I thought you’d got scared
He got there early, and after a while thought that they must have changed their minds and decided against coming. He leaned against the boat-house, kicking the wood with his heel and was depressed to a degree that he found it difficult to account for. When he had left them in the morning, he had felt both a resentment and a revulsion, and had found terms in his mind to explain them. They had to some extent deferred to his greater knowledge of the places and the country, but that had been more than made up for by their easy assumption of knowledge, and of authority, in other directions. John was clearly going to give the orders in any situation in which he found himself. And there was Patrick, who could hardly be any older than himself, talking confidently about picking the lock of a door with a piece of wire. The girls he did not think of particularly; they were only appendages and reinforcements to the brothers. He had thought of not going back in the afternoon himself, and then had made up his mind to go back in a spirit of resentment. He would find something in them at which to mock. Their way of speaking would have been enough if he had had any support. He told himself that he was depressed at their not coming because he had been ready to show them up in their cockiness and self-importance.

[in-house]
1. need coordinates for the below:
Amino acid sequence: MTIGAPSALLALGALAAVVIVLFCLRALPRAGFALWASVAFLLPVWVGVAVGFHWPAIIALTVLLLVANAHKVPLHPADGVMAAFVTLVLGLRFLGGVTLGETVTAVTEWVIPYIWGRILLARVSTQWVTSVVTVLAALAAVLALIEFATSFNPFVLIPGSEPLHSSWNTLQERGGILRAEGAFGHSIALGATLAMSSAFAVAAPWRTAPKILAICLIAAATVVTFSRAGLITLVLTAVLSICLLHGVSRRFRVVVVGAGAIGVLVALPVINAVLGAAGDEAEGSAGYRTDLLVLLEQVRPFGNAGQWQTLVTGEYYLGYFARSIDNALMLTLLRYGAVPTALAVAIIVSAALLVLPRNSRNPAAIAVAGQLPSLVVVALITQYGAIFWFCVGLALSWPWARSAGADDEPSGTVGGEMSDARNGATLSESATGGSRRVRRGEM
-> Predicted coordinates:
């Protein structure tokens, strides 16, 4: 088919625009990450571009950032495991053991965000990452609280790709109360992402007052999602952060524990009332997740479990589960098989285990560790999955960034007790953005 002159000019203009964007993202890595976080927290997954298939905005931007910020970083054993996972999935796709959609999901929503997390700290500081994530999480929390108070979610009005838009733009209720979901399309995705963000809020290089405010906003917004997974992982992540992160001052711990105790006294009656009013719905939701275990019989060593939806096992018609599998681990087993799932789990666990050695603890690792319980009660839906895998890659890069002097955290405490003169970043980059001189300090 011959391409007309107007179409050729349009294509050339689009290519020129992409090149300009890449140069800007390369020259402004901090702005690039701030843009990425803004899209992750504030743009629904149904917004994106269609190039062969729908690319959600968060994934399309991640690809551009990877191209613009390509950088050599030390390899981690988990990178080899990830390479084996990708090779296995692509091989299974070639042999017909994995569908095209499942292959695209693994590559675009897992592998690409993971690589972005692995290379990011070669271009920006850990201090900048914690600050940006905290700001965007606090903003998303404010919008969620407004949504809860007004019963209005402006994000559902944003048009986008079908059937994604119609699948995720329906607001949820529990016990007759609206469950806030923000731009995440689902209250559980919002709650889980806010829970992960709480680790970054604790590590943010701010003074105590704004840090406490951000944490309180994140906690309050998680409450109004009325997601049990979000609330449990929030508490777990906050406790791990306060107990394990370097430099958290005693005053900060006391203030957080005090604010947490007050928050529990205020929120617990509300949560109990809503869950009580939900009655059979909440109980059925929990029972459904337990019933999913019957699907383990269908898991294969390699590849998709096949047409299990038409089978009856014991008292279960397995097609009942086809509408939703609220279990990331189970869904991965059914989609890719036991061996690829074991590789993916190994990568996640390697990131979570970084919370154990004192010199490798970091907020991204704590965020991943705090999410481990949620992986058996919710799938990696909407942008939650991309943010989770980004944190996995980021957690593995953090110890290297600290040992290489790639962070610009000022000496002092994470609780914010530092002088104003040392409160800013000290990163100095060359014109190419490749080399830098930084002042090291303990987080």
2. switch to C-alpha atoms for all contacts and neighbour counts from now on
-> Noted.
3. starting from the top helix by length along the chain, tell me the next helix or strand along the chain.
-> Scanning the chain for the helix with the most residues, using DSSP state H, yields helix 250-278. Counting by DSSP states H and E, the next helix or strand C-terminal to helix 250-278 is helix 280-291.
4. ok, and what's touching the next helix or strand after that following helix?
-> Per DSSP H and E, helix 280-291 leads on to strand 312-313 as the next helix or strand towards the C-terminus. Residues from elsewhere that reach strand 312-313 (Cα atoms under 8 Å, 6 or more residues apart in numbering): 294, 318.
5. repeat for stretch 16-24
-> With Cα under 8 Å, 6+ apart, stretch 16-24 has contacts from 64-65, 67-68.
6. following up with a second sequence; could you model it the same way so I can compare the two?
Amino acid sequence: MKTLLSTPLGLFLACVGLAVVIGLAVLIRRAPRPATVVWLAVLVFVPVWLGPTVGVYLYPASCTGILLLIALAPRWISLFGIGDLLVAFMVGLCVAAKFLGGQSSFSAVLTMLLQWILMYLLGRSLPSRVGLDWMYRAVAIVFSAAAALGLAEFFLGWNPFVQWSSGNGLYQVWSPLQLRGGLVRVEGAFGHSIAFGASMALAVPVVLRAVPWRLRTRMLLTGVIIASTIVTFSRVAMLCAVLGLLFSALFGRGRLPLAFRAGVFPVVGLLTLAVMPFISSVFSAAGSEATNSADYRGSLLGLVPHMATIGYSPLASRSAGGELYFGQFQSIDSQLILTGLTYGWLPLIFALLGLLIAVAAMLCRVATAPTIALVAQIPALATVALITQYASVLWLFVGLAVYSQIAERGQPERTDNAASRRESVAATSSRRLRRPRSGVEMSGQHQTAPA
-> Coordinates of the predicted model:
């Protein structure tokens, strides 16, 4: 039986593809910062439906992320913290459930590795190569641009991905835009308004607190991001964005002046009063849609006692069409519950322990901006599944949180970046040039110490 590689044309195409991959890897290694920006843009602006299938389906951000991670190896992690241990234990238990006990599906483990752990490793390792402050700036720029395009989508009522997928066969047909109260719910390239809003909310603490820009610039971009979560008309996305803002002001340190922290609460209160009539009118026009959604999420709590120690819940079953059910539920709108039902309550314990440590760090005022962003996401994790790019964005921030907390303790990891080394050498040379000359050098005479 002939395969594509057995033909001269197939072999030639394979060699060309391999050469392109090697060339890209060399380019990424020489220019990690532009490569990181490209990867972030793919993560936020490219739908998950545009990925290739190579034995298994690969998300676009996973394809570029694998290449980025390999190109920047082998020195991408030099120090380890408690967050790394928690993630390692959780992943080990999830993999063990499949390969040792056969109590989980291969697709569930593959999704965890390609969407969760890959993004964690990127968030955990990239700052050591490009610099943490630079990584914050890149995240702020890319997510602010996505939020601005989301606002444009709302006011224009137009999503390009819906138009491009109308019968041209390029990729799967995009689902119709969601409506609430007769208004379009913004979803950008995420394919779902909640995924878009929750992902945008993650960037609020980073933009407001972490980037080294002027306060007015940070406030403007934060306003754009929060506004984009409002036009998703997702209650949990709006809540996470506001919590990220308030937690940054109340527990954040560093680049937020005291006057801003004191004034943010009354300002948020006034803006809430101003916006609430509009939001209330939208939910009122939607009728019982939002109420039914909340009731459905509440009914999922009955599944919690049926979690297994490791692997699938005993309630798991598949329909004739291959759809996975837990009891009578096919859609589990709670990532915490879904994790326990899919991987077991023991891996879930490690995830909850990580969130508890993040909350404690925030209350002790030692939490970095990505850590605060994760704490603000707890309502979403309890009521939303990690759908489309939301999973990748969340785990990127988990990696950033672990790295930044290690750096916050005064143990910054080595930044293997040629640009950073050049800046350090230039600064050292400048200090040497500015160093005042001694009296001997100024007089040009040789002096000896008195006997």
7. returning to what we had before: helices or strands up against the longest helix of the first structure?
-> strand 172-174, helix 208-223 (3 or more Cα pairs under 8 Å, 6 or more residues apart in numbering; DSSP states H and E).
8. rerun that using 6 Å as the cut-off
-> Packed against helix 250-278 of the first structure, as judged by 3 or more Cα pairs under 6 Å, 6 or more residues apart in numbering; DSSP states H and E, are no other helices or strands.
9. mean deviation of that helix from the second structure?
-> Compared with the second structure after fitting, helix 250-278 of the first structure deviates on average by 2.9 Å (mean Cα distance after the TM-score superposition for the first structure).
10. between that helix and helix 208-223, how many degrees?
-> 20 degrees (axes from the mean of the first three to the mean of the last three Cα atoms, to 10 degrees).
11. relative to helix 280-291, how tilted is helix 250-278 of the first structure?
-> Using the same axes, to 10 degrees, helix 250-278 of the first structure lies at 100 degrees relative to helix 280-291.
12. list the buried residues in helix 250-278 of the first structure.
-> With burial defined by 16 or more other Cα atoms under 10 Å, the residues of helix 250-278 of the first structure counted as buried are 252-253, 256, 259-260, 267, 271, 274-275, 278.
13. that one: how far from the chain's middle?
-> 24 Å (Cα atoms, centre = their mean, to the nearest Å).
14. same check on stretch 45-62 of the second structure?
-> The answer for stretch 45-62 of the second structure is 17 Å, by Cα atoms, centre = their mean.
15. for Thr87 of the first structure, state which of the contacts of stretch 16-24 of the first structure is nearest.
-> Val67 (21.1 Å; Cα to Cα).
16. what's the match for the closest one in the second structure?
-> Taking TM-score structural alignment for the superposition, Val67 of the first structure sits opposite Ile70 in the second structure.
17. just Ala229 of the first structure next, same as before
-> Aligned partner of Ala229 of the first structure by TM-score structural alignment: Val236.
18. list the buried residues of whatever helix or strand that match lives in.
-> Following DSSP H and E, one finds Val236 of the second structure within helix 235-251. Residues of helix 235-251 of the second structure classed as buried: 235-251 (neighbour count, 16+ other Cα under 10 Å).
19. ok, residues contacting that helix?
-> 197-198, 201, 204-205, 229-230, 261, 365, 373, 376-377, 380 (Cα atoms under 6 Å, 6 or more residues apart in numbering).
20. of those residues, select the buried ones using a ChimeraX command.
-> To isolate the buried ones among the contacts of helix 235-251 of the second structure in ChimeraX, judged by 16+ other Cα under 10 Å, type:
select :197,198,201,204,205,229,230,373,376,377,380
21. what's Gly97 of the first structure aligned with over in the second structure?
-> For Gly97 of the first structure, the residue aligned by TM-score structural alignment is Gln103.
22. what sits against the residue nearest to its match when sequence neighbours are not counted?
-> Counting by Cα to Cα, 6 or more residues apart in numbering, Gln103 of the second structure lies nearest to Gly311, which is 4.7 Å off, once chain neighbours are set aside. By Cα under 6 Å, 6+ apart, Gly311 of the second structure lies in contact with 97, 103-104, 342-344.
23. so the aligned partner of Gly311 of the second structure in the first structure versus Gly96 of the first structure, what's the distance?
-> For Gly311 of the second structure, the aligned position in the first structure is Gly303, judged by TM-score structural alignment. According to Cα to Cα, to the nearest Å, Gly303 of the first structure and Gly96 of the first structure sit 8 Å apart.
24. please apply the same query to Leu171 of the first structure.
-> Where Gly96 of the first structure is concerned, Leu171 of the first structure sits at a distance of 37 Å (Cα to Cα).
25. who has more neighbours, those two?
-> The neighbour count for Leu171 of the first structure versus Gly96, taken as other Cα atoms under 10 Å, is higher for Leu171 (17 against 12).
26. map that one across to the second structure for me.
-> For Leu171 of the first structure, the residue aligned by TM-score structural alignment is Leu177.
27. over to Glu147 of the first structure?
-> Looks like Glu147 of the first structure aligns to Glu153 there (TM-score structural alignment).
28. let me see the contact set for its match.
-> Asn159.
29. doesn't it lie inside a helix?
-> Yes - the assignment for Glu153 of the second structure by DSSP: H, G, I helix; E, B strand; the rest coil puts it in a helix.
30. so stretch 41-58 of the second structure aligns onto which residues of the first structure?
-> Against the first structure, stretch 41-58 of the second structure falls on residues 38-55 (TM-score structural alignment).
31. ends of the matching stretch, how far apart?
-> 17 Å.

John, moving very quietly, had come round the corner of the boat-house, and was only a couple of yards away when Frank noticed him. He was not sure whether he had avoided starting. The others came round after him.
Frank said: ‘You’re late. I thought you’d got scared.’
John’s eyebrows lowered. ‘Scared?’ He looked at the watch on his wrist, another indication of his near-adult superiority. ‘It’s only just two. All right, citizens, in we go.’